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Comment Re:Moor? (Score 1) 151 151

That depends on whether you are using it as storage, or a main memory.

As a main memory, that is nowhere near enough writes.

And yes, this is being suggested as a solution for main memories in certain applications. However, these applications will not change state as often - in-memory caches, databases, etc.

Comment Re:Not the right tool (Score 1) 143 143

Why not? This extends the spreadsheet as a tool to include complex real time processing, and allow people who are spreadsheet savvy but otherwise not programming savvy, to calculate and visualise large complex datasets in however way they want to.

Indeed, given the complexity of parallel programming, for many problems that could be expressed on a spreadsheet, but were before not viable because of the speed, these can now use the spreadsheet, and get results better than what many programmers could achieve without using OpenCL/CUDA/OpenMP themselves.

Comment Read the article, it's full of great quotes (Score 5, Funny) 133 133

“People who made early implementations of Perl 6 came back to me, cap in hand, and said “We really need a language designer.””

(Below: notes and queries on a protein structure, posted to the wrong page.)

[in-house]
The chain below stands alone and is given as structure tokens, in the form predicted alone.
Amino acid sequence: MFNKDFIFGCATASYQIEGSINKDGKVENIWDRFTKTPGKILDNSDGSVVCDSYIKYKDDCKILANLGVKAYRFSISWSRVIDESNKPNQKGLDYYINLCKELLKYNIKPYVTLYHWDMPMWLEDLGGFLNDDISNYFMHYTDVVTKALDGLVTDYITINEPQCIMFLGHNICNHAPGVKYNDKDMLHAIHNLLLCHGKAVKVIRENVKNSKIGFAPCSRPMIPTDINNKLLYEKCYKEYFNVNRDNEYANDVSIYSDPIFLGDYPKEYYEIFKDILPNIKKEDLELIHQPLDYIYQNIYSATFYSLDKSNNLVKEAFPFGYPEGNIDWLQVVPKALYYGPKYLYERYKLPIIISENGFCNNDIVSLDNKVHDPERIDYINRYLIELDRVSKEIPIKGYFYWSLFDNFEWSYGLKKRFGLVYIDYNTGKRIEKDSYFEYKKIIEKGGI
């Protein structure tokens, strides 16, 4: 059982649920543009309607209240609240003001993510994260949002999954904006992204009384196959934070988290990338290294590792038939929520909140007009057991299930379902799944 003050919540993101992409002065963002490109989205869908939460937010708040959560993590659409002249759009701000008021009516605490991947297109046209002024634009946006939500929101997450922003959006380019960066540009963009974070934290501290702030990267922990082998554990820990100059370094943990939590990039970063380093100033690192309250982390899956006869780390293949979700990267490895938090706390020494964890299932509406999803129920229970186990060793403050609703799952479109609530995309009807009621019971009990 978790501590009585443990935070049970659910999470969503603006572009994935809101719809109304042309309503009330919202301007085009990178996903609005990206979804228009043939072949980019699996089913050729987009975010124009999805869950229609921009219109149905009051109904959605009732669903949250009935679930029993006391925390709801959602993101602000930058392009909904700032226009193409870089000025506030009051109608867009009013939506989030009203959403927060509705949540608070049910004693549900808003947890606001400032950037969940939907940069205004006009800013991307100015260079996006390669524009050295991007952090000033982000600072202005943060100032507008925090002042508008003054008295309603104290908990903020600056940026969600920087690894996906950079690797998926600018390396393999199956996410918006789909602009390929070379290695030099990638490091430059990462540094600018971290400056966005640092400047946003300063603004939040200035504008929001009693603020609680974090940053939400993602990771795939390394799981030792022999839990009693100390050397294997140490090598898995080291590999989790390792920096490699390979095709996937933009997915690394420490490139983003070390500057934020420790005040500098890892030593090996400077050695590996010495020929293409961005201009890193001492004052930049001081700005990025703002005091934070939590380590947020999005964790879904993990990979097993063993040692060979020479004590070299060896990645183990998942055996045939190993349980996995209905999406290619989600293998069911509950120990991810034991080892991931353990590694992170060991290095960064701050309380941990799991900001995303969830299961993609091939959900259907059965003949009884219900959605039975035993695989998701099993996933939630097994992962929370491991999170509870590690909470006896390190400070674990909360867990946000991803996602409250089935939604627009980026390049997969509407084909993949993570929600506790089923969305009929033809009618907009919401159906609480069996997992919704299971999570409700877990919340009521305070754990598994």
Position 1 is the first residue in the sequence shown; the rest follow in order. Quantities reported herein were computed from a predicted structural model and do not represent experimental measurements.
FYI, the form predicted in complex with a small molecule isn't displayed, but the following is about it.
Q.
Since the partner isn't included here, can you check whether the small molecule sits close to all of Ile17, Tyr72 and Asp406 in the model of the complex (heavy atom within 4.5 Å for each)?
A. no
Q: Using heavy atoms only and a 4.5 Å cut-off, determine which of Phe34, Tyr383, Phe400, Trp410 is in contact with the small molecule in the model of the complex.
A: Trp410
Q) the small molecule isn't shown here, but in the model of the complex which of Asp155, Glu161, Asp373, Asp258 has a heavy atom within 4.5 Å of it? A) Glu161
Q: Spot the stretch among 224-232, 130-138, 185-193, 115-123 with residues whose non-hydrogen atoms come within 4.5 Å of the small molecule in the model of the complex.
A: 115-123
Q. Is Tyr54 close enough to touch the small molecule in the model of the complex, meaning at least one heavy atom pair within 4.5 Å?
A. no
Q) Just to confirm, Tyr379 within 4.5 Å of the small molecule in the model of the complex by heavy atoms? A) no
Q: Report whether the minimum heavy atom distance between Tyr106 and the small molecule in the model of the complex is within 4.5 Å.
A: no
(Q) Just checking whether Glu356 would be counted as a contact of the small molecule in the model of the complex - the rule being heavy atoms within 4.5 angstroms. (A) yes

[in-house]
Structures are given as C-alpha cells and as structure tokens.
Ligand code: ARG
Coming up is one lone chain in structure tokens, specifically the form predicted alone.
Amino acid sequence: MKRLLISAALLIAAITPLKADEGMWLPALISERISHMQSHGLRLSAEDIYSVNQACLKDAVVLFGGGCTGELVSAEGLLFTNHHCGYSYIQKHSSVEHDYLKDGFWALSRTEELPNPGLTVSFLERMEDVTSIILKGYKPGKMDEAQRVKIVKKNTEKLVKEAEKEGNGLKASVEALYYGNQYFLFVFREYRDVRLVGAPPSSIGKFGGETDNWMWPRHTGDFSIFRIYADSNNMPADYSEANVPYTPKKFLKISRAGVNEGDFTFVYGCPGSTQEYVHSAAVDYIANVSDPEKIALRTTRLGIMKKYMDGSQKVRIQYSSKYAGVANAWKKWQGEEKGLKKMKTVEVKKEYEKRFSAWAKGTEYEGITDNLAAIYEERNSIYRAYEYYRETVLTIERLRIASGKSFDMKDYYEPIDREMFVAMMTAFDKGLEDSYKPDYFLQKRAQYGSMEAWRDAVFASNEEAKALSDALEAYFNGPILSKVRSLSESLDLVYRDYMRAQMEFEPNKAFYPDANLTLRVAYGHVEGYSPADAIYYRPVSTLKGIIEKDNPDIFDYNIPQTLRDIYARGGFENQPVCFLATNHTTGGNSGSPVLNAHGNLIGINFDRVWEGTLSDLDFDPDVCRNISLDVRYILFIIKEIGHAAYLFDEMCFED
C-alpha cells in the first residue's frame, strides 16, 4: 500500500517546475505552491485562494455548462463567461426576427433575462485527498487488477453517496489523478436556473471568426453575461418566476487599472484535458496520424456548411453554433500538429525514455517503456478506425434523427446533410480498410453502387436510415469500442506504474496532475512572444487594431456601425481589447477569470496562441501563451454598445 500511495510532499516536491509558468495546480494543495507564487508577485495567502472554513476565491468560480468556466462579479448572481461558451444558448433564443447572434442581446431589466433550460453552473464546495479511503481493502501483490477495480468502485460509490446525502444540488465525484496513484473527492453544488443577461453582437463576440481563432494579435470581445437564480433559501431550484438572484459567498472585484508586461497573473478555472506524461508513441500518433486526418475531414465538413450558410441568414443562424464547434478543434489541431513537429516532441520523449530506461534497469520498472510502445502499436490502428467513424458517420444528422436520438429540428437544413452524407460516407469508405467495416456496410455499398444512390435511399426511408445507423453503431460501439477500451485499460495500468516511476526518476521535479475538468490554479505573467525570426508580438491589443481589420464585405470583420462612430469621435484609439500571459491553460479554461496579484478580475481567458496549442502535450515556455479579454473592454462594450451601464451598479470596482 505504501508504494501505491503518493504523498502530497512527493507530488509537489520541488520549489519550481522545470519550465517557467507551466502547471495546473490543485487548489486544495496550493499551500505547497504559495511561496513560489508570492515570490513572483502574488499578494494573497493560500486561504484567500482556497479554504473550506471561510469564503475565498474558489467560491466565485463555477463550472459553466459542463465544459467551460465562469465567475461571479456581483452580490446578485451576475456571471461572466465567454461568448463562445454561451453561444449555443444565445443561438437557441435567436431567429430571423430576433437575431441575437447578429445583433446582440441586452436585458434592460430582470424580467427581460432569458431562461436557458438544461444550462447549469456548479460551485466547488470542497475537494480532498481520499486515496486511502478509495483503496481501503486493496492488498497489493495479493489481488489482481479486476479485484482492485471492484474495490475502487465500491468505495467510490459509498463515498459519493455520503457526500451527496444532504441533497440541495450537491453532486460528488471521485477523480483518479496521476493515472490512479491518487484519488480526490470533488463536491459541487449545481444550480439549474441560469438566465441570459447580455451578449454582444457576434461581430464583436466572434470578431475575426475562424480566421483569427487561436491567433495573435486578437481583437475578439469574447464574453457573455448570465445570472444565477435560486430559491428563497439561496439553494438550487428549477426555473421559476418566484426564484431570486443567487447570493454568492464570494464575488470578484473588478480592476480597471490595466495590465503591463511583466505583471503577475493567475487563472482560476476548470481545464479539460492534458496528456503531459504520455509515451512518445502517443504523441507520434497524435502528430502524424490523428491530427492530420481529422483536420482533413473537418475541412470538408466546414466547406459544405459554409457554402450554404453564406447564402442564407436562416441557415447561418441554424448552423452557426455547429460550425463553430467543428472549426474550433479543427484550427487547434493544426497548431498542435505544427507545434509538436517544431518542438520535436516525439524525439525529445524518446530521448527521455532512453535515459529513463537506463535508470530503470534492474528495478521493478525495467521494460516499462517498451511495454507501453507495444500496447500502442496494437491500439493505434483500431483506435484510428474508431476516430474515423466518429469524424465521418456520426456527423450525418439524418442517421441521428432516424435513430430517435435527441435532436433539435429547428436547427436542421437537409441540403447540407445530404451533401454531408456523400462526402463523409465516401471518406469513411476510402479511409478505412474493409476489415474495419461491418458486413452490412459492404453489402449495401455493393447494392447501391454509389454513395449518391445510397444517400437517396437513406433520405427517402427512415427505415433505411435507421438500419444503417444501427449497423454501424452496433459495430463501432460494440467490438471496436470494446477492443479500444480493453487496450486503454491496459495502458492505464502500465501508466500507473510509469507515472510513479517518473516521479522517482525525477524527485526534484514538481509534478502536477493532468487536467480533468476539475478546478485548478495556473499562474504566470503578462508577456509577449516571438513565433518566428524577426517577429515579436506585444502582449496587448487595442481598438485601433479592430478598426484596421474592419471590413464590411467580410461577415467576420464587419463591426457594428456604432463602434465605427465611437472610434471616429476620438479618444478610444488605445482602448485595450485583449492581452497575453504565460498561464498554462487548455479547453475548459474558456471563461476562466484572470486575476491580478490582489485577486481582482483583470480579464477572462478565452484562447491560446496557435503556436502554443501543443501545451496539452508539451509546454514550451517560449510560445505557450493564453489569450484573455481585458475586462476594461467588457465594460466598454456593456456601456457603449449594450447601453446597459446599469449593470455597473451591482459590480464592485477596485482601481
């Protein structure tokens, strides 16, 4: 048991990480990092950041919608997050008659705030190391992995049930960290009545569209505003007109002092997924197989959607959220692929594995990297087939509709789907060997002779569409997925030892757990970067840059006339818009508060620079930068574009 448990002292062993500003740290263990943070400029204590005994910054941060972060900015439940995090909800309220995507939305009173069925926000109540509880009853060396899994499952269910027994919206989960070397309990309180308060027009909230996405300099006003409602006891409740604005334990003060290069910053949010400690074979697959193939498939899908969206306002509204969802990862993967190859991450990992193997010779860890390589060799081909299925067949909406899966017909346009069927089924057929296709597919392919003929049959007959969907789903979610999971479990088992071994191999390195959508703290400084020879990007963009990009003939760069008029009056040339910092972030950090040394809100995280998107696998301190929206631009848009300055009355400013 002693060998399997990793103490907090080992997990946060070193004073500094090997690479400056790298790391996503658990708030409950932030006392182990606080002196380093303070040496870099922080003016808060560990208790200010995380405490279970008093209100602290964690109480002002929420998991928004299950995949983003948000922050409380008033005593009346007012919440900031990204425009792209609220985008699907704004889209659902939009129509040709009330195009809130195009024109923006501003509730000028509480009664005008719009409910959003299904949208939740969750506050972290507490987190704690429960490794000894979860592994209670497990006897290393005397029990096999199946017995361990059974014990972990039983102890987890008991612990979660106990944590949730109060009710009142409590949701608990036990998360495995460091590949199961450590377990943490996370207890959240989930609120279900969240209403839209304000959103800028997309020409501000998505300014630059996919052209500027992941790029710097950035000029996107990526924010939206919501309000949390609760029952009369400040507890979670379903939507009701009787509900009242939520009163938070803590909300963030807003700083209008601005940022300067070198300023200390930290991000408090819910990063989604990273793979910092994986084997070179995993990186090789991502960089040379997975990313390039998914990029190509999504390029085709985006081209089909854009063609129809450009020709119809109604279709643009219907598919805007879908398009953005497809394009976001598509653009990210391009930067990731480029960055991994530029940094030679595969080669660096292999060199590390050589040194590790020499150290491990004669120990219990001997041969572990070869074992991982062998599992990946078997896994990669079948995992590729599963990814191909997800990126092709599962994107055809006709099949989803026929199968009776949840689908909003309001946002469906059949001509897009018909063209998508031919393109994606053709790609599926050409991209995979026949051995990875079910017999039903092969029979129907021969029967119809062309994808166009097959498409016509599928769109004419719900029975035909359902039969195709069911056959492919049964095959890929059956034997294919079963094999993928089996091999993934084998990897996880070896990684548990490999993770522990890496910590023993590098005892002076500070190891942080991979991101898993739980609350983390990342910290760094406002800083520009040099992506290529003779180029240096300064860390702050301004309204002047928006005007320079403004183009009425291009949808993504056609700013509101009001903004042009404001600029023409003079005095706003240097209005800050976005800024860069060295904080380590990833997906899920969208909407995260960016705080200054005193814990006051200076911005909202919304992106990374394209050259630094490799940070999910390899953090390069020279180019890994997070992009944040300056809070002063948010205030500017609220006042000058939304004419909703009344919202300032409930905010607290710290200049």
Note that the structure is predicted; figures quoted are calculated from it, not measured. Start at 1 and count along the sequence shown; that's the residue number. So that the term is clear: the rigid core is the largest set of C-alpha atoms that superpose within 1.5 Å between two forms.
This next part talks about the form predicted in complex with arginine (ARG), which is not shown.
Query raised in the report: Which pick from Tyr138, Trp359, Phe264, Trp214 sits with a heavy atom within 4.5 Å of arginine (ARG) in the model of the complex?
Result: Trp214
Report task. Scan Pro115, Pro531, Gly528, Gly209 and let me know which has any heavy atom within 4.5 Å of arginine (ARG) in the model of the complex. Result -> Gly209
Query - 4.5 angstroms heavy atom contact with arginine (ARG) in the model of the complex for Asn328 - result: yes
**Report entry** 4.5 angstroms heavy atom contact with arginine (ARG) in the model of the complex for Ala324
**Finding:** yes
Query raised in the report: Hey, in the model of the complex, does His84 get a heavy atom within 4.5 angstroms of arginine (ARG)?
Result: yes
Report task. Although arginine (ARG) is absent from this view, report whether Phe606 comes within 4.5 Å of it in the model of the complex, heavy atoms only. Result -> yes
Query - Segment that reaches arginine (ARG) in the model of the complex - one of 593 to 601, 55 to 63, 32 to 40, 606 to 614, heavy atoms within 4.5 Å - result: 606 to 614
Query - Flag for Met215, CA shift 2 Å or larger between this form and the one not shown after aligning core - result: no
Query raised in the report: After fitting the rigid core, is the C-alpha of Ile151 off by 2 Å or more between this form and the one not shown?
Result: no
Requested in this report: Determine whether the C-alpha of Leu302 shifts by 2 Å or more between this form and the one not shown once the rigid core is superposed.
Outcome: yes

“I was almost explicitly told: “Stay out of the implementation! We saw what you did made out of Perl 5”

“With Perl 6, we found some ways to make the computer more sure about what the user is talking about.” ...

Comment Re:Is this unique to Java? (Score 1) 130 130

It was viable in 1998! That was when I last wrote an applet (a tetris game to run on a 40MHz ARM-based Set Top Box from Acorn that never saw the light of day).

No, no, wait, I did write a rotating 3D globe applet in 2006 for a laugh.

Applets were a bad idea, are a bad idea, and should be dead. Luckily browser security policies are making maintaining in-house applets non-viable so they can move to better installation mechanisms now.

Comment Re:The root cause : poor unit testing (Score 1) 130 130

Just maintain a visible Risk document with all the issues. Document the estimated fix time. Let it have visibility.

Then when the shit hits the fan, you have your arse covered. Not that this will protect you against particularly nasty management scum...

Using Apache libraries, or ${largeCompany} libraries is one thing. But random crap found on Github?

All you can do is overestimate work, and use the time to kill off the libraries one by one.

Comment Re:The root cause : poor unit testing (Score 1) 130 130

My previous employer was of this mindset. Even with in-house dependencies. Nothing was other updated, out of fear.

A horrible environment to work in, of course. Every few months a component upgrade would be required, and because it was 100 releases out of date the upgrade was a horrible horrible experience.

And they had generally reasonable test suites too. It was pure fear of downtime because of the monolithic architecture of the application.

Comment Re:Debunking the debunker (Score 1) 172 172

Yet rechargeable AAs work at 1.2V and most products don't have problems with them...

It makes more sense for this tech to be installed in the devices that require that 1.4V+ supply rather than be external.

And in that case, the tech needs to be cheap, and we talking cents for a device cheap here.

And just stop buying non-rechargeables already!

Comment Re:One port to rule them all... (Score 5, Interesting) 179 179